of bringing about my death, or lessening the esteem I had for you.  It is
much more delightful to me to die, knowing that _you_ are free and
satisfied.  How much, then, will you love me, when you will no longer
fear either my presence or reproaches?  You will love me, because,
however charming a new love may appear to you, God has not made me in
anything inferior to him you have chosen, and because my devotedness, my
sacrifice, and my painful end will assure me, in your eyes, a certain
superiority over him.  I have allowed to escape, in the candid credulity
of my heart, the treasure I possessed.  Many people tell me that you
loved me enough to lead me to hope you would have loved me much.  That
idea takes from my mind all bitterness, and leads me only to blame
myself.  You will accept this last farewell, and you will bless me for
having taken refuge in the inviolable asylum where hatred is
extinguished, and where all love endures forever.  Adieu, mademoiselle.
If your happiness could be purchased by the last drop of my blood, I
would shed that drop.  I willingly make the sacrifice of it to my misery!
"RAOUL, VICOTME DE BRAGELONNE."

"The letter reads very well," said the captain.  "I have only one fault to find
with it."

"Tell me what that is!" said Raoul.

"Why, it is that it tells everything, except the thing which exhales,
like a mortal poison from your eyes and from your heart; except the
senseless love which still consumes you."  Raoul grew paler, but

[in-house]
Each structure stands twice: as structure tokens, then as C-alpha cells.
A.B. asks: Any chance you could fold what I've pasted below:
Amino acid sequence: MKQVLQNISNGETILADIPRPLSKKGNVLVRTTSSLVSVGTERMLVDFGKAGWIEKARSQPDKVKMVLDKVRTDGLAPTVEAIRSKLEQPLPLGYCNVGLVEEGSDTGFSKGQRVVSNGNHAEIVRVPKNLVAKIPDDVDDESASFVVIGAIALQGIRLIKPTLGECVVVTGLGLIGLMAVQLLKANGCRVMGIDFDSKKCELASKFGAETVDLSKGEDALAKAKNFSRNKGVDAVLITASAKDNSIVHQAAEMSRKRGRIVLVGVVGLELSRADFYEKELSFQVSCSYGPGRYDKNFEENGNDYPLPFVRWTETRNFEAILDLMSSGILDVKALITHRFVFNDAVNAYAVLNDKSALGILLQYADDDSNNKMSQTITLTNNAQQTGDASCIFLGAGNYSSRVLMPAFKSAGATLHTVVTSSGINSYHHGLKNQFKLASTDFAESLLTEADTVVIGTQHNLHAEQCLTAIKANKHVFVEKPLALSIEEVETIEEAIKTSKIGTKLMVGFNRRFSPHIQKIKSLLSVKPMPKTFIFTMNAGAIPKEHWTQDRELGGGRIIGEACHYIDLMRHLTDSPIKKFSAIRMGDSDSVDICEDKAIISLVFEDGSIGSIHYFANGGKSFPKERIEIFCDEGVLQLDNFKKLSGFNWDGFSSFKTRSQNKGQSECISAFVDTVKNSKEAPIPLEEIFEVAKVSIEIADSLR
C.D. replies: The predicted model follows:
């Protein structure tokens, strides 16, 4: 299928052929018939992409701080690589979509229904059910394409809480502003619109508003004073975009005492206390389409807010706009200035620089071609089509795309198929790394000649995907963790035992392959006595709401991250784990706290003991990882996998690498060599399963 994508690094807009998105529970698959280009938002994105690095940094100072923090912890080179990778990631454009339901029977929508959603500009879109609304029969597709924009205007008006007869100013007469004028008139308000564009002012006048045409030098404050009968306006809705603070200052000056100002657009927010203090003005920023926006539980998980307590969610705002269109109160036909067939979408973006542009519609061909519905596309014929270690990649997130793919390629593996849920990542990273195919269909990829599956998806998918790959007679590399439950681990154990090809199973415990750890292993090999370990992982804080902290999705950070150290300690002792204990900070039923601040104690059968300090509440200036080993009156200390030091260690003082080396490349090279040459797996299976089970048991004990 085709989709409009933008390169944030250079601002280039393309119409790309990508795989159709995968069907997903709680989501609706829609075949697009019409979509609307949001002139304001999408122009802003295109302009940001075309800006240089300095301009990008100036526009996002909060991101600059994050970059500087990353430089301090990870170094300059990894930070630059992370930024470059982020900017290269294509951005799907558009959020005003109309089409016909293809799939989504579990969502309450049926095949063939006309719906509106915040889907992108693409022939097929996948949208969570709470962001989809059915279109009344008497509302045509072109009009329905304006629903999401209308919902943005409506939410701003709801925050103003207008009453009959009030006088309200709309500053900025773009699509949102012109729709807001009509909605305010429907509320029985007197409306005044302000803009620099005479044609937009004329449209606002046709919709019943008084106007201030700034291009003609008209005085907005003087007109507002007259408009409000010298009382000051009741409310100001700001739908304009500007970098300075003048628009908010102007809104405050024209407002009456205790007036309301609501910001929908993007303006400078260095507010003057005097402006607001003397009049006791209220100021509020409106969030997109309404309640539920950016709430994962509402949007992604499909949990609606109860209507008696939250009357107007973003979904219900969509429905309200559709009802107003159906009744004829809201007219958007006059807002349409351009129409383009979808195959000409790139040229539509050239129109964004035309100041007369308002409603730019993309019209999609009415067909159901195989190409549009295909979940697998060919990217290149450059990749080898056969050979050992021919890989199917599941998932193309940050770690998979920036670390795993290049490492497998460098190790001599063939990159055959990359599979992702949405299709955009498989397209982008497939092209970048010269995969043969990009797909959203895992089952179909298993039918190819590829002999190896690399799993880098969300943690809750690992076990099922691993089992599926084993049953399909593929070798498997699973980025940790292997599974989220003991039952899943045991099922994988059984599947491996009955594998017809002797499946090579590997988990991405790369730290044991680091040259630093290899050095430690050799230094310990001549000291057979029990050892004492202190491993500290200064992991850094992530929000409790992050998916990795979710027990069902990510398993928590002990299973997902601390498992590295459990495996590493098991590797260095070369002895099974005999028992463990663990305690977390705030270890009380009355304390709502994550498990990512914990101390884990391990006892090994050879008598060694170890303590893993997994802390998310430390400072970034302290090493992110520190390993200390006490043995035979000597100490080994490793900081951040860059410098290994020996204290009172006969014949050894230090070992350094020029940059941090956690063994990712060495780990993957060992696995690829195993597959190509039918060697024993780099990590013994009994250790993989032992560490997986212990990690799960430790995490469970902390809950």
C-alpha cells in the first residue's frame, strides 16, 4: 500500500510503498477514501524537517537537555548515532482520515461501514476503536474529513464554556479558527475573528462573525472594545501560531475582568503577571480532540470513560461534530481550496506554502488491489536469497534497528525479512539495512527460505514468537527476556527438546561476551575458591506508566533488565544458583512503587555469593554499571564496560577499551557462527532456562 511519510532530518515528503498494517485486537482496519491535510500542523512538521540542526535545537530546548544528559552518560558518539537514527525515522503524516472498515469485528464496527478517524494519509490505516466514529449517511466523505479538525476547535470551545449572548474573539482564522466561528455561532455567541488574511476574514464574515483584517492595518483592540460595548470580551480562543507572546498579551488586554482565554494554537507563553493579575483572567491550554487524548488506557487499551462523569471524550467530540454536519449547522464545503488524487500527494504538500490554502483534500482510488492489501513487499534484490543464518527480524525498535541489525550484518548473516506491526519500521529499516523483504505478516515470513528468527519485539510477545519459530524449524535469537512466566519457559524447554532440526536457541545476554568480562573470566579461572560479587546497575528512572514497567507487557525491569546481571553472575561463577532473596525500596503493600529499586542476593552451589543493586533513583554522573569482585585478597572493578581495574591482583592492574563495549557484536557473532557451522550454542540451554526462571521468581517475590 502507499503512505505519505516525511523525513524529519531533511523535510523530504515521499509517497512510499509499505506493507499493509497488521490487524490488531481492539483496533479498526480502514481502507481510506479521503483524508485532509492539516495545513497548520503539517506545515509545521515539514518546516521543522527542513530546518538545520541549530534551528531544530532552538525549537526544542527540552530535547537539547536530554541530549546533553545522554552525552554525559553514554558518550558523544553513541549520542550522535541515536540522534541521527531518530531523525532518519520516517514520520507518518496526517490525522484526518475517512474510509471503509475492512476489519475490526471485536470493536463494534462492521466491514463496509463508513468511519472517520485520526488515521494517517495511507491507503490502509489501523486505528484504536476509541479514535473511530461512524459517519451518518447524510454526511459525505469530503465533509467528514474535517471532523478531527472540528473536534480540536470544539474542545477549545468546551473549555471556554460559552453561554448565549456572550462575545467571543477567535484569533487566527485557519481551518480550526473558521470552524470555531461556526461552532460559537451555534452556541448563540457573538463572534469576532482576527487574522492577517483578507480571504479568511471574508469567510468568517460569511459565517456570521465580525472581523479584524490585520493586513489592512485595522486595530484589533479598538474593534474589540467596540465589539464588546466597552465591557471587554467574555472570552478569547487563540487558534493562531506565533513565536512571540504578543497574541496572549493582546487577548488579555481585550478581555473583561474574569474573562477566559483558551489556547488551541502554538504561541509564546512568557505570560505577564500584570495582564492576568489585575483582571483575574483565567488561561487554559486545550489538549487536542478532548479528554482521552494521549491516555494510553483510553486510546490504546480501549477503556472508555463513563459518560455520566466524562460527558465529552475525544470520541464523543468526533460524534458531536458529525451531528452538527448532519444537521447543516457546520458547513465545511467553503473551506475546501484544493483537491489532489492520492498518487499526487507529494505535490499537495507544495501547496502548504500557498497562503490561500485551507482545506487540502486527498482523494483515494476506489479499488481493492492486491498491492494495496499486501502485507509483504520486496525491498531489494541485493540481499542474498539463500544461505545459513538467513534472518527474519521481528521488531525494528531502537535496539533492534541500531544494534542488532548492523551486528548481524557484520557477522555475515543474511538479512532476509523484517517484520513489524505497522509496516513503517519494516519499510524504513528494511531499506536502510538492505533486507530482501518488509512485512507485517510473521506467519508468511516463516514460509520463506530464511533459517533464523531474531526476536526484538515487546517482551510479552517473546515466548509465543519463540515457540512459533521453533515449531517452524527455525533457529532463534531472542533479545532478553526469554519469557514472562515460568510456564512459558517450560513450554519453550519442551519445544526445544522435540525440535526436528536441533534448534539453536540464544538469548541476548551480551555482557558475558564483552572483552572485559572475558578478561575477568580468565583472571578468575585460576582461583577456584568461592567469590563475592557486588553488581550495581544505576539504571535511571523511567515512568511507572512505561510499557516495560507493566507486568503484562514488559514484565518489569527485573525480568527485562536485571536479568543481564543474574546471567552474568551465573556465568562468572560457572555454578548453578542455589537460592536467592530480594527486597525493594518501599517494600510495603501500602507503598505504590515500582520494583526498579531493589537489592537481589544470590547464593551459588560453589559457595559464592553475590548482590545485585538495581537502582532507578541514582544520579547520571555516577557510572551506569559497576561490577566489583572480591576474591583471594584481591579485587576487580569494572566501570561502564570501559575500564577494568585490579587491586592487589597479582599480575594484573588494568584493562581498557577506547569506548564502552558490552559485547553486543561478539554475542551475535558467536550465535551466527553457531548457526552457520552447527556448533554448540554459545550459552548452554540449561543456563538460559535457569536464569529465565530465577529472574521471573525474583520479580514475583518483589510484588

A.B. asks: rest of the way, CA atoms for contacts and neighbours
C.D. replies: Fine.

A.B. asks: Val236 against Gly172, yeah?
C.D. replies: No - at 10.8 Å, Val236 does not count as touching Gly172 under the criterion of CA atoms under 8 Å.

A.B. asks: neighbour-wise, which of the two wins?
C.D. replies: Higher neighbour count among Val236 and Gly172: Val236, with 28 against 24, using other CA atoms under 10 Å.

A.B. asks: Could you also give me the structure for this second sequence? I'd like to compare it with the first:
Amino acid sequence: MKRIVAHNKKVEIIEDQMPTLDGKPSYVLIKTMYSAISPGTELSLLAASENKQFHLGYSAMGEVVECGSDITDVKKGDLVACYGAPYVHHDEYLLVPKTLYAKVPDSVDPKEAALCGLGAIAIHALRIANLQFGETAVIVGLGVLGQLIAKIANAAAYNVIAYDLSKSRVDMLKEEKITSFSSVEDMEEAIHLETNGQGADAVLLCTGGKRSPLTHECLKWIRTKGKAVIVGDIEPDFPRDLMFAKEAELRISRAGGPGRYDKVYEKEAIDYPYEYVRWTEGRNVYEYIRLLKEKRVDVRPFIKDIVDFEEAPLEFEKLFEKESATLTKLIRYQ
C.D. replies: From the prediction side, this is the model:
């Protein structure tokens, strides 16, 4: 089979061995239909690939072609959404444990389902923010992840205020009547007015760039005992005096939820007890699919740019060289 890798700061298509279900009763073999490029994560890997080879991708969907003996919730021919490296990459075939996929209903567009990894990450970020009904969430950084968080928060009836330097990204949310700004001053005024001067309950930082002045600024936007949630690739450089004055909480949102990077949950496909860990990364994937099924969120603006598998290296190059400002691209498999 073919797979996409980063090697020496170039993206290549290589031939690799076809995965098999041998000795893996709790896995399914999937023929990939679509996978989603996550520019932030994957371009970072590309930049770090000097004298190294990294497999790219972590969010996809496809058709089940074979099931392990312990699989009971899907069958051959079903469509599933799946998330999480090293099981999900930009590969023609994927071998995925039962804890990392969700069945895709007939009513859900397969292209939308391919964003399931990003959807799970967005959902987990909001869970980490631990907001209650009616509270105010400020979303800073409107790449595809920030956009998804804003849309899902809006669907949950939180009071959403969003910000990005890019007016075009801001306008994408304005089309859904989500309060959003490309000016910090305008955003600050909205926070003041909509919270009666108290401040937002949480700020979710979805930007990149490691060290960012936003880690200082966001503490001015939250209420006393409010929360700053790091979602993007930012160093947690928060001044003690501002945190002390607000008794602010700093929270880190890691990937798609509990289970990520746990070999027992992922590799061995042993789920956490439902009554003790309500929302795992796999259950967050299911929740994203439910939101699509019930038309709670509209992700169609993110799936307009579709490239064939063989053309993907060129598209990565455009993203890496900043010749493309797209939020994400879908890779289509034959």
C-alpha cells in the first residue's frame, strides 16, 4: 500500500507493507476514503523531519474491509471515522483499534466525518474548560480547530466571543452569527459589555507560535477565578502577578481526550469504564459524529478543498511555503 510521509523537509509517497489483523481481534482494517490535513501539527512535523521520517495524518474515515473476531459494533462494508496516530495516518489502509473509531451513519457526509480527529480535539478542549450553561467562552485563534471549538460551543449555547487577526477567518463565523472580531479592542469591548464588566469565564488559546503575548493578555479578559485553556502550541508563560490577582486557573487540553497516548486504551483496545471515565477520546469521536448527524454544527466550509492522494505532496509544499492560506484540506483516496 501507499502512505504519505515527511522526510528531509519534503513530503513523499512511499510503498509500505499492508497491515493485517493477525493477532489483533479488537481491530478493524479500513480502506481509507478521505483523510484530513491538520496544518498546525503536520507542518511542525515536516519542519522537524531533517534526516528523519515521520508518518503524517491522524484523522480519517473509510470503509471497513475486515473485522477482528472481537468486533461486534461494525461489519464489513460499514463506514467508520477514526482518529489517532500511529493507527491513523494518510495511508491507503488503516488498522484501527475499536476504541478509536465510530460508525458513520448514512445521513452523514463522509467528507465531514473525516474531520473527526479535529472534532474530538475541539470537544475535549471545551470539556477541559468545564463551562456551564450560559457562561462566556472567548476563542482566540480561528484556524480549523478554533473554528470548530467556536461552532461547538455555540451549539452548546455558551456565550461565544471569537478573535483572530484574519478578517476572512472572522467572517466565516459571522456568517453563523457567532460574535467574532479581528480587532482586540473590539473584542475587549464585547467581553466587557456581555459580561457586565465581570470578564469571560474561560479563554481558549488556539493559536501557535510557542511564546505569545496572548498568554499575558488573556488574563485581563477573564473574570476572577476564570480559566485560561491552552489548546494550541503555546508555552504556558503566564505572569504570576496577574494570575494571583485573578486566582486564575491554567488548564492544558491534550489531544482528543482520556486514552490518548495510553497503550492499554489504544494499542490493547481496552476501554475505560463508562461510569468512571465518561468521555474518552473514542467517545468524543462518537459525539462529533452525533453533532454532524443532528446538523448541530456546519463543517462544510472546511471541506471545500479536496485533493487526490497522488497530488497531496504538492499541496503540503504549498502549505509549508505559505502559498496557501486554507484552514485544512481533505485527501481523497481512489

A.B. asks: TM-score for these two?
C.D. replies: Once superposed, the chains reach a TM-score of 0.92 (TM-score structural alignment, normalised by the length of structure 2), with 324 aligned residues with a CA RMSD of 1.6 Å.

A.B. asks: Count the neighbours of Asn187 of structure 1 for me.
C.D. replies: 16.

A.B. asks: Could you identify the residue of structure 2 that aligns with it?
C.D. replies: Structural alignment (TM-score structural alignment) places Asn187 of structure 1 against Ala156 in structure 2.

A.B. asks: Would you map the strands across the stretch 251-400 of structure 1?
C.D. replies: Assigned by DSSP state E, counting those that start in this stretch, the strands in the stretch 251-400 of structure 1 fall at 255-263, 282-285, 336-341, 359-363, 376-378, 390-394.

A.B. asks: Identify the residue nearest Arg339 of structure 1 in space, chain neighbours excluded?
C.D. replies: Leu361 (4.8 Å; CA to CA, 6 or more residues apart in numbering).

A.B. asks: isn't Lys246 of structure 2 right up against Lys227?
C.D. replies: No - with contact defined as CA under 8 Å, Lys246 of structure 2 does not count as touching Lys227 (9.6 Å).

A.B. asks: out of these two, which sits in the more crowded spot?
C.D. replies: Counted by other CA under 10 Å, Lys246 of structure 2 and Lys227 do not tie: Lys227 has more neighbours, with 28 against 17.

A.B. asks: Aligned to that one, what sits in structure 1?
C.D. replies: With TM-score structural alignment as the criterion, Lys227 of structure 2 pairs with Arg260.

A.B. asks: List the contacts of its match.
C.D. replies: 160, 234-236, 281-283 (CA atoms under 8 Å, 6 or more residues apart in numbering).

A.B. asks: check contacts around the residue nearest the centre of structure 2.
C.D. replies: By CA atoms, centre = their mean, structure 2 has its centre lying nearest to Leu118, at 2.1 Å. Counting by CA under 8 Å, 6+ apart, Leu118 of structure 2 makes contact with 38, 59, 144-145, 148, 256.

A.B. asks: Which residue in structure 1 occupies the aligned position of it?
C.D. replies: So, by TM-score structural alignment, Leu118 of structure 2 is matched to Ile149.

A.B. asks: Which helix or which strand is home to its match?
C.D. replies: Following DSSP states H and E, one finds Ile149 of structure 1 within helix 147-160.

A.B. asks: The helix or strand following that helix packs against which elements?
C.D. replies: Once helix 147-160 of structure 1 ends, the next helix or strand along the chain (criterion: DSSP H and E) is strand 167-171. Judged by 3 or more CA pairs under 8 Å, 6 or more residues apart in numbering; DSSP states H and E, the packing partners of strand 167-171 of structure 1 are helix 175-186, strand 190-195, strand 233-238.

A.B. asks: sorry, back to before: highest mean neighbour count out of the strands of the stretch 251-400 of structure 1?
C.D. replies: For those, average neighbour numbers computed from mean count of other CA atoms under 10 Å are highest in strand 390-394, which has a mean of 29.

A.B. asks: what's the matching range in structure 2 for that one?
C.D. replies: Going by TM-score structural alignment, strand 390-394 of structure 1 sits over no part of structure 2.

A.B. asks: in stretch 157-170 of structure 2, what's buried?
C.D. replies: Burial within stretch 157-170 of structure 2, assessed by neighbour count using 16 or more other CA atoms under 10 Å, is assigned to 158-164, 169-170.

remained silent.

"Why did you not write simply these words:

"'MADEMOISELLE, - Instead of cursing you, I love you and I die.'"

"That is true," exclaimed Raoul, with a sinister kind of joy.

And tearing the letter he had just taken back, he wrote the following
words upon a leaf of his tablets:

"To procure the happiness of once more telling you I love you, I commit
the baseness of writing to you; and to punish myself for that baseness, I
die."  And he signed it.

"You will give her these tablets, captain, will you not?"

"When?" asked the latter.

"On the day," said Bragelonne, pointing to the last sentence, "on the day
when you can place a date under these words."  And he sprang away quickly
to join Athos, who was returning with slow steps.

As they re-entered the fort, the sea rose with that rapid, gusty
vehemence which characterizes the Mediterranean; the ill-humor of the
element became a tempest.  Something shapeless, and tossed about
violently by the waves, appeared just off the coast.

"What is that?" said Athos, - "a wrecked boat?"

"No, it is not a boat," said D'Artagnan.

"Pardon me," said Raoul, "there is a bark gaining the port rapidly."

"Yes, there is a bark in the creek, which is prudently seeking shelter
here; but that which Athos points to in the sand is not a boat at all 
it has run aground."

"Yes, yes, I see it."

"It is the carriage, which I threw into the sea after landing the
prisoner."

"Well!" said Athos, "if you take my advice, D'Artagnan, you will burn
that carriage, in order that no vestige of it may remain, without which
the fishermen of Antibes, who have believed they had to do with the
devil, will endeavor to prove that your prisoner was but a man."

"Your advice is good, Athos, and I will this night have it carried out,
or rather, I will carry it out myself; but let us go in, for the rain